By Michael E. Miller
By Ryan Yousefi
By Kyle Munzenrieder
By Sabrina Rodriguez
By Michael E. Miller
By Carlos Suarez De Jesus
By Luther Campbell
By Kyle Munzenrieder
He came in and I said, 'You look like a nerd.' And he said, 'I'm a priest, I can look like a nerd.' 'Nope,' I said. You have to change your look. I'm sorry, it's TV."
They narrowed the search to two priests: a Mexican American from San Antonio and Cutié. Both did screen tests in a talk-show format. The videos were reviewed by focus groups and Cutié was chosen. "What happened was two or three days later I get this contract hand-delivered [with a note that says], 'Sign this in two days.'"
Only Cutié was on a different schedule. "I'm Catholic," he says. "Nothing happens in the Catholic church in two days. We're 2000 years old. We have been taking our time for a long time and we still are for a lot of things."
He told Galán he needed to discuss it with his pastor, his spiritual director, and the bishops. Then he needed to pray about it. "I told [her], 'Nely, if this is what God wants I'm willing to do it. If God doesn't want it, I want it less,'" he relates. "Her eyes were like, wide open because I told her I don't need to be on television. These big-shot TV people don't like to hear you don't need to be on television. They want you to think they are rescuing you or something. [But] messing with a priest is something different."
Once Galán got used to the idea of his autonomy, she relished the fact that Cutié wasn't the same needy talent with whom she usually worked. For the public-relations staff at Telemundo that has tried to control information about the show, Cutié's independence and openness has proved to be something of a headache.
The Archdiocese of Miami has sanctioned the show, excited about the publicity they anticipate from Father Albert. The opportunity to enliven Catholicism seems to outweigh any potential pitfalls. Besides, the diocesan bishops say, they trust Cutié to do the right thing.
Bishop Gilberto Fernandez visited the sound stages, ceremonially blessing the Telemundo studio on the first day of taping. "It wasn't just for the place," says the bishop. "I prayed that the show would carry a message of morals, ethics, and entertainment."
Fernandez hopes Cutié will appeal to young people and perhaps by example encourage them to join a priesthood in which ranks are flagging.
It was Bishop Thomas Wenski who recommended Cutié to Telemundo. Wenski wants Cutié to follow in the steps of Bishop Fulton Sheen, a popular television host in the '50s. At the height of his popularity, Sheen, who died in 1979, reached 30 million Americans on his program, Life Is Worth Living. Dressed in a flowing cape with nothing but a blackboard and piece of chalk as props, Sheen added warmth and wit to his message of finding the sacred in everyday life. His show, which ran from 1952 to 1957, garnered an Emmy Award. In 1953 it even topped Milton Berle's Texaco Star Theater as the number-one-rated show and earned its host the sobriquet Uncle Fulty. Cutié says he has always been an admirer of Sheen. One of the first books the young priest read upon entering the seminary was a tome written by the television cleric.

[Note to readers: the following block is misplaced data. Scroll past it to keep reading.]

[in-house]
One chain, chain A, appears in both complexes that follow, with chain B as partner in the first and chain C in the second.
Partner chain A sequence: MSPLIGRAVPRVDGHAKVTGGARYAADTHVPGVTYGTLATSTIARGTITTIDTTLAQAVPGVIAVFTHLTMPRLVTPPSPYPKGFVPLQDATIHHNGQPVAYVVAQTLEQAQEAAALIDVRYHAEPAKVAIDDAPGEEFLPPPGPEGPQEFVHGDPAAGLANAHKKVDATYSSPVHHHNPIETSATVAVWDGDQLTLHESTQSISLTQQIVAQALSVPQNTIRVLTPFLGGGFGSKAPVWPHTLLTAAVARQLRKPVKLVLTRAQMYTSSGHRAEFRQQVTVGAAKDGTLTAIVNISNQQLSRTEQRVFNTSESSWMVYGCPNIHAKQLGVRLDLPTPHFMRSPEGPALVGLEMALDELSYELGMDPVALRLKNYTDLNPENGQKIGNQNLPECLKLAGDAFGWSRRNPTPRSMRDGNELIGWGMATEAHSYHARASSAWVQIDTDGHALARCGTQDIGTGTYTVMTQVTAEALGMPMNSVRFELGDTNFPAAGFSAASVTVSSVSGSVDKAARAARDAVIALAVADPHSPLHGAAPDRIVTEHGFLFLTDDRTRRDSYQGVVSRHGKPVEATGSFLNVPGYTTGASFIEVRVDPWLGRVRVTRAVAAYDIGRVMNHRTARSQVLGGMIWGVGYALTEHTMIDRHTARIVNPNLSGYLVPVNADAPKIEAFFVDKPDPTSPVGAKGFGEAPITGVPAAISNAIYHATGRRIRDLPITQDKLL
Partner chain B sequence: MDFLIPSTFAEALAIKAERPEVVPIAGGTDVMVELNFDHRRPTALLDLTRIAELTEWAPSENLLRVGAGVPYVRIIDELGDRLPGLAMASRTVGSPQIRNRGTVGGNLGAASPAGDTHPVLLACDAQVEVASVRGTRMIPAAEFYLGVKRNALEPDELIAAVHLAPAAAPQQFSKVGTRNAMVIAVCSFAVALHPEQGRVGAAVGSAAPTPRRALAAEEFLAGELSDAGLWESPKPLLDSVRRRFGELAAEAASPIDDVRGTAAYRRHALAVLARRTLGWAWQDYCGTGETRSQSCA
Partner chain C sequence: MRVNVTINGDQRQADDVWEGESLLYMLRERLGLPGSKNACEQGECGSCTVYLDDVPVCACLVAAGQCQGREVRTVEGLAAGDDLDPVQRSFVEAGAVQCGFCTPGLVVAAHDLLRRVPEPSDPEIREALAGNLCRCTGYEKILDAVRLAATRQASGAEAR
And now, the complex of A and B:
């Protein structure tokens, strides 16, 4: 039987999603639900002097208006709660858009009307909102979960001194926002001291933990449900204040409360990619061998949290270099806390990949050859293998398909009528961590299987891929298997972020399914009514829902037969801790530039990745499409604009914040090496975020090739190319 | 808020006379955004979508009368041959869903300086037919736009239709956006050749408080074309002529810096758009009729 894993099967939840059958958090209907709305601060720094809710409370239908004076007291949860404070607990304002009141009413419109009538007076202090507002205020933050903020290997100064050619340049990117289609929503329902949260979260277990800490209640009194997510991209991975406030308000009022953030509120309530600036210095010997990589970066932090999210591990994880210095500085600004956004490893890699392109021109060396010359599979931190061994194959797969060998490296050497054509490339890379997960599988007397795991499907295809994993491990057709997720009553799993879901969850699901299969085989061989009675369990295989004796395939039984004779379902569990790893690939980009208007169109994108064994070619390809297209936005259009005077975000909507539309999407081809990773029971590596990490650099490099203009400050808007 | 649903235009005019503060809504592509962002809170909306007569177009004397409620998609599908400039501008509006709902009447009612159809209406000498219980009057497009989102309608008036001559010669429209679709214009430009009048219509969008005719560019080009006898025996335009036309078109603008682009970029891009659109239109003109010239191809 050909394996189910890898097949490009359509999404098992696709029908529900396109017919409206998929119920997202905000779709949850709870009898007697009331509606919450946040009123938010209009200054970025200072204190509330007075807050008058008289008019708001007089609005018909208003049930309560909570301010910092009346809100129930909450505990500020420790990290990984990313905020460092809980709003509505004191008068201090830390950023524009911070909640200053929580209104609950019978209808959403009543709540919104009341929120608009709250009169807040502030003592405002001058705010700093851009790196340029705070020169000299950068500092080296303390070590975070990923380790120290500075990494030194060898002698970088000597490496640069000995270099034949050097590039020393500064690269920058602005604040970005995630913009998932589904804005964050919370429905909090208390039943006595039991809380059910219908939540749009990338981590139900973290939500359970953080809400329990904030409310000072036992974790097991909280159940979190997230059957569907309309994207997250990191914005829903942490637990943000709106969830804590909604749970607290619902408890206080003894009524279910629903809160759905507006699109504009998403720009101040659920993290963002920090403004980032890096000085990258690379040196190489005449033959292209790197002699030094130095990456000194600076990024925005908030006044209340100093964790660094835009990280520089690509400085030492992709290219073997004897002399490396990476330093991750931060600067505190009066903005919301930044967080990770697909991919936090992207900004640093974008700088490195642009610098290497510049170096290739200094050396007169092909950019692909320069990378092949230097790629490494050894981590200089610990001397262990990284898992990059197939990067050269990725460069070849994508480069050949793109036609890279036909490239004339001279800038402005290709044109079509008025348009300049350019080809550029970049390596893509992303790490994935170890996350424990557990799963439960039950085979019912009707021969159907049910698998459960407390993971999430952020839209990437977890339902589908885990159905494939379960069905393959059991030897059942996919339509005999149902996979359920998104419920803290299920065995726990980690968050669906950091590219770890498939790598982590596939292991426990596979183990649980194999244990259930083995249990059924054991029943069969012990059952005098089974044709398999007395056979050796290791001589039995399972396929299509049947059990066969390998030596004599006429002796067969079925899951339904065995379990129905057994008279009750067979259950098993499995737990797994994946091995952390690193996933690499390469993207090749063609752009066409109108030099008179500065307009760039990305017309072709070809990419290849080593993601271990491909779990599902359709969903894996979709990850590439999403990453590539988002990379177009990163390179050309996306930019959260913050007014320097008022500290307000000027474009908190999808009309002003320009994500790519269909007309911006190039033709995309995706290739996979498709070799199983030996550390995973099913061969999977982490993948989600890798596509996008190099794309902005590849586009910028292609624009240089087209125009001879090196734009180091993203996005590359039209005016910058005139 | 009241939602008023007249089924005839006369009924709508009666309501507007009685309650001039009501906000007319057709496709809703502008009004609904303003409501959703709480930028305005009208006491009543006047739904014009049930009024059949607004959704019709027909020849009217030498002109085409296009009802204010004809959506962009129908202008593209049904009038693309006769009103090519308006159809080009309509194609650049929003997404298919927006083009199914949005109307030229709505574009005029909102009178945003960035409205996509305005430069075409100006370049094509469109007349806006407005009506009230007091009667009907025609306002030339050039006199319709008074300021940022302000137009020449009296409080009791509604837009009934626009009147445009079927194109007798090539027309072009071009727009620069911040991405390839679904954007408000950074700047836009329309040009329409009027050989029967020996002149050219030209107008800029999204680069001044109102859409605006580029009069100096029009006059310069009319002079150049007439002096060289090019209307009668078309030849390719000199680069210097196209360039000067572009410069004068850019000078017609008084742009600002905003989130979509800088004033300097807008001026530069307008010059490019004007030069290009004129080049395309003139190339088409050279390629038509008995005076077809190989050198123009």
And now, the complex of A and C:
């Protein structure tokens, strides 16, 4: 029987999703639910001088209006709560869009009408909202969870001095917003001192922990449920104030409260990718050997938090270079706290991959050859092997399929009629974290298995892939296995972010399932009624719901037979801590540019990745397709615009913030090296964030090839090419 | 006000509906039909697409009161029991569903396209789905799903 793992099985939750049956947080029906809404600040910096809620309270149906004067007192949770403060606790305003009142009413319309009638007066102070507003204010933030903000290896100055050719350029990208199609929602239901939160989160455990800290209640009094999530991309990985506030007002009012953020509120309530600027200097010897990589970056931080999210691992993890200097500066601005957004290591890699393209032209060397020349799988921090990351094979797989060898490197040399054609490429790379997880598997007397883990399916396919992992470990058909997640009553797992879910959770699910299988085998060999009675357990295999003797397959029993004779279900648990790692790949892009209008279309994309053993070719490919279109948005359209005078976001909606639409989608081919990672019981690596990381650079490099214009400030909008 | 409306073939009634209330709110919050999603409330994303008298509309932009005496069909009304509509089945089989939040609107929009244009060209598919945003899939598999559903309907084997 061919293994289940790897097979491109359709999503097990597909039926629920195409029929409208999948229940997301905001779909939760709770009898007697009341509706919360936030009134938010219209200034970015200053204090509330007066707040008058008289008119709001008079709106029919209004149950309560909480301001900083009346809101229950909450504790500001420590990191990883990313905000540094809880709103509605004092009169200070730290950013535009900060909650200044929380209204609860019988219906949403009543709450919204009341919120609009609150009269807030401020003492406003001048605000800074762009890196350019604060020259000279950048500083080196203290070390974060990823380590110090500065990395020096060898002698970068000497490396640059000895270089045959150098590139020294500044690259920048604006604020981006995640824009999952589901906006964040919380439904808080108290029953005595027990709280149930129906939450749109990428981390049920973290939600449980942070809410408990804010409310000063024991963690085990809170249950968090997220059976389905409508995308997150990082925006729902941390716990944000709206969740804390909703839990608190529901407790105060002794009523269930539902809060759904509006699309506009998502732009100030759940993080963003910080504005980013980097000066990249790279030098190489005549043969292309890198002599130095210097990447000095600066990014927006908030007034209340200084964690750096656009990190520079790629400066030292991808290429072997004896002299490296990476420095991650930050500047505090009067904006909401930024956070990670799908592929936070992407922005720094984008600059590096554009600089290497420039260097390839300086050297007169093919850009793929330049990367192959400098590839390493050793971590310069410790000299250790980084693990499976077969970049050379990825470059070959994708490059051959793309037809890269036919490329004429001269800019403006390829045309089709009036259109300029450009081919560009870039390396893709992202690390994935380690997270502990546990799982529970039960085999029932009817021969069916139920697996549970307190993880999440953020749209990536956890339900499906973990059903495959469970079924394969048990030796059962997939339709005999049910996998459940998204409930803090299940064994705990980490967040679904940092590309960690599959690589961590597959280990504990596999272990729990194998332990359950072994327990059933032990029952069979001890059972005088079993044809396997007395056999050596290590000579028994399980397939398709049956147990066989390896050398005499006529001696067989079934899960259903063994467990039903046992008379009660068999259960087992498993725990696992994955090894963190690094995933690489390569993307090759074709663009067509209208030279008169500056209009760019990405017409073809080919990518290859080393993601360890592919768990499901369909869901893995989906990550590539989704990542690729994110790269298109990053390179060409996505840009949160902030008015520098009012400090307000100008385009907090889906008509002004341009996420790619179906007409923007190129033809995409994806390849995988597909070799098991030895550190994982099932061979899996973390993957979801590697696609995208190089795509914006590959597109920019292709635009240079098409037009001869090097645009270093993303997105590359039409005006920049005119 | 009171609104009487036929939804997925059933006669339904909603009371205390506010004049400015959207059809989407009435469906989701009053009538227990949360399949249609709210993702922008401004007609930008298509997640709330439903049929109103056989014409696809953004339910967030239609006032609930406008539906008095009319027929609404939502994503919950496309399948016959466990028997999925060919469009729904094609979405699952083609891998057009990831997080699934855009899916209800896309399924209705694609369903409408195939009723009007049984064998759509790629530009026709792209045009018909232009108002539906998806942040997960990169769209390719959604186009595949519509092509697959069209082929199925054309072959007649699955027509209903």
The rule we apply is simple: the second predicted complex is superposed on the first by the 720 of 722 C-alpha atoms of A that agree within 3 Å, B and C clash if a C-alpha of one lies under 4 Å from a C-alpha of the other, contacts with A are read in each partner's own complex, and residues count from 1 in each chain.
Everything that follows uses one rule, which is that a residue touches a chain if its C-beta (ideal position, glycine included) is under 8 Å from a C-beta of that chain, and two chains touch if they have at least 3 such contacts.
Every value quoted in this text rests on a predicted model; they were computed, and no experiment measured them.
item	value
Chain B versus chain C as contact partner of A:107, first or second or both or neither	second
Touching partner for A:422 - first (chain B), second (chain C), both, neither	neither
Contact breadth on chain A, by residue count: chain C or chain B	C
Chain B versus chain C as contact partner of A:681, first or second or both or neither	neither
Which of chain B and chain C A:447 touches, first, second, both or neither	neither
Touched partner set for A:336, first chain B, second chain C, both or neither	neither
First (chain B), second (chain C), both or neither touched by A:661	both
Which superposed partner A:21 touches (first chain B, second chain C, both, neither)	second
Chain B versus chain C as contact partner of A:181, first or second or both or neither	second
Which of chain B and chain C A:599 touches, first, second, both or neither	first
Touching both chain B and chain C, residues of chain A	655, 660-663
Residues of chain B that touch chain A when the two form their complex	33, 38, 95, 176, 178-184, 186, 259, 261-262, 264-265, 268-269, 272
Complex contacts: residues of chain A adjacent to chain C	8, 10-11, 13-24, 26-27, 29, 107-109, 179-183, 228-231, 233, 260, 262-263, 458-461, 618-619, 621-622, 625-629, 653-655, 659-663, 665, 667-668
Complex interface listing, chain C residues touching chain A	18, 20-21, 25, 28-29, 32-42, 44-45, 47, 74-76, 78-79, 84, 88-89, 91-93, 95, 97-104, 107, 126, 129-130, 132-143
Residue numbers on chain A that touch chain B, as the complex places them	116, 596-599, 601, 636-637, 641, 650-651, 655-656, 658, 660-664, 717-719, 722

Wenski recognizes that the days when a priest could simply sit in front of a blackboard are over. He is confident Cutié can avoid the temptation that television offers, especially its tendency to sink to the lowest common denominator. But will the young priest be able to handle success if it comes his way? At one point Sheen received 9000 letters per day. "The big question is whether it will go to his head," ponders Wenski. "But if you are doing this five days a week there will always be a couple of days when you flop on your face. That should keep his ego in check."
Galán also recognizes the danger. She says it's unlikely Cutié will be doing much publicity. "We don't want to overcommercialize him to the point where it stops being what it started out to be," she says. "The core of the show is based in spirituality. Even though it is very fun and energetic and all that, you can't forget that the mission of the show is to inspire people to be better people. If we are burning him out then he is not going to be in a good place to be giving that message every day. That's my job as the keeper of this little baby."
The heavens could smile on Telemundo yet. After initially abandoning much of its telenovela programming because Univision had the better product (through the Mexican company Grupo Televisa), Telemundo has hooked up with TV Azteca. (The Mexican-based Azteca burst on to the scene a few years ago with its series Nothing Personal, a hard-edged, thinly veiled political drama more NYPD Blue than One Life to Live. (Telenovelas, unlike American soap operas, generally end after about 360 half-hour shows.) In addition Telemundo has a Sunday-night block of original programming that includes an All in the Family-style comedy involving a Cuban American whose daughter takes up with a militant Chicano. Also to come, a dramatic series about a single immigrant mother from Mexico trying to raise her young son.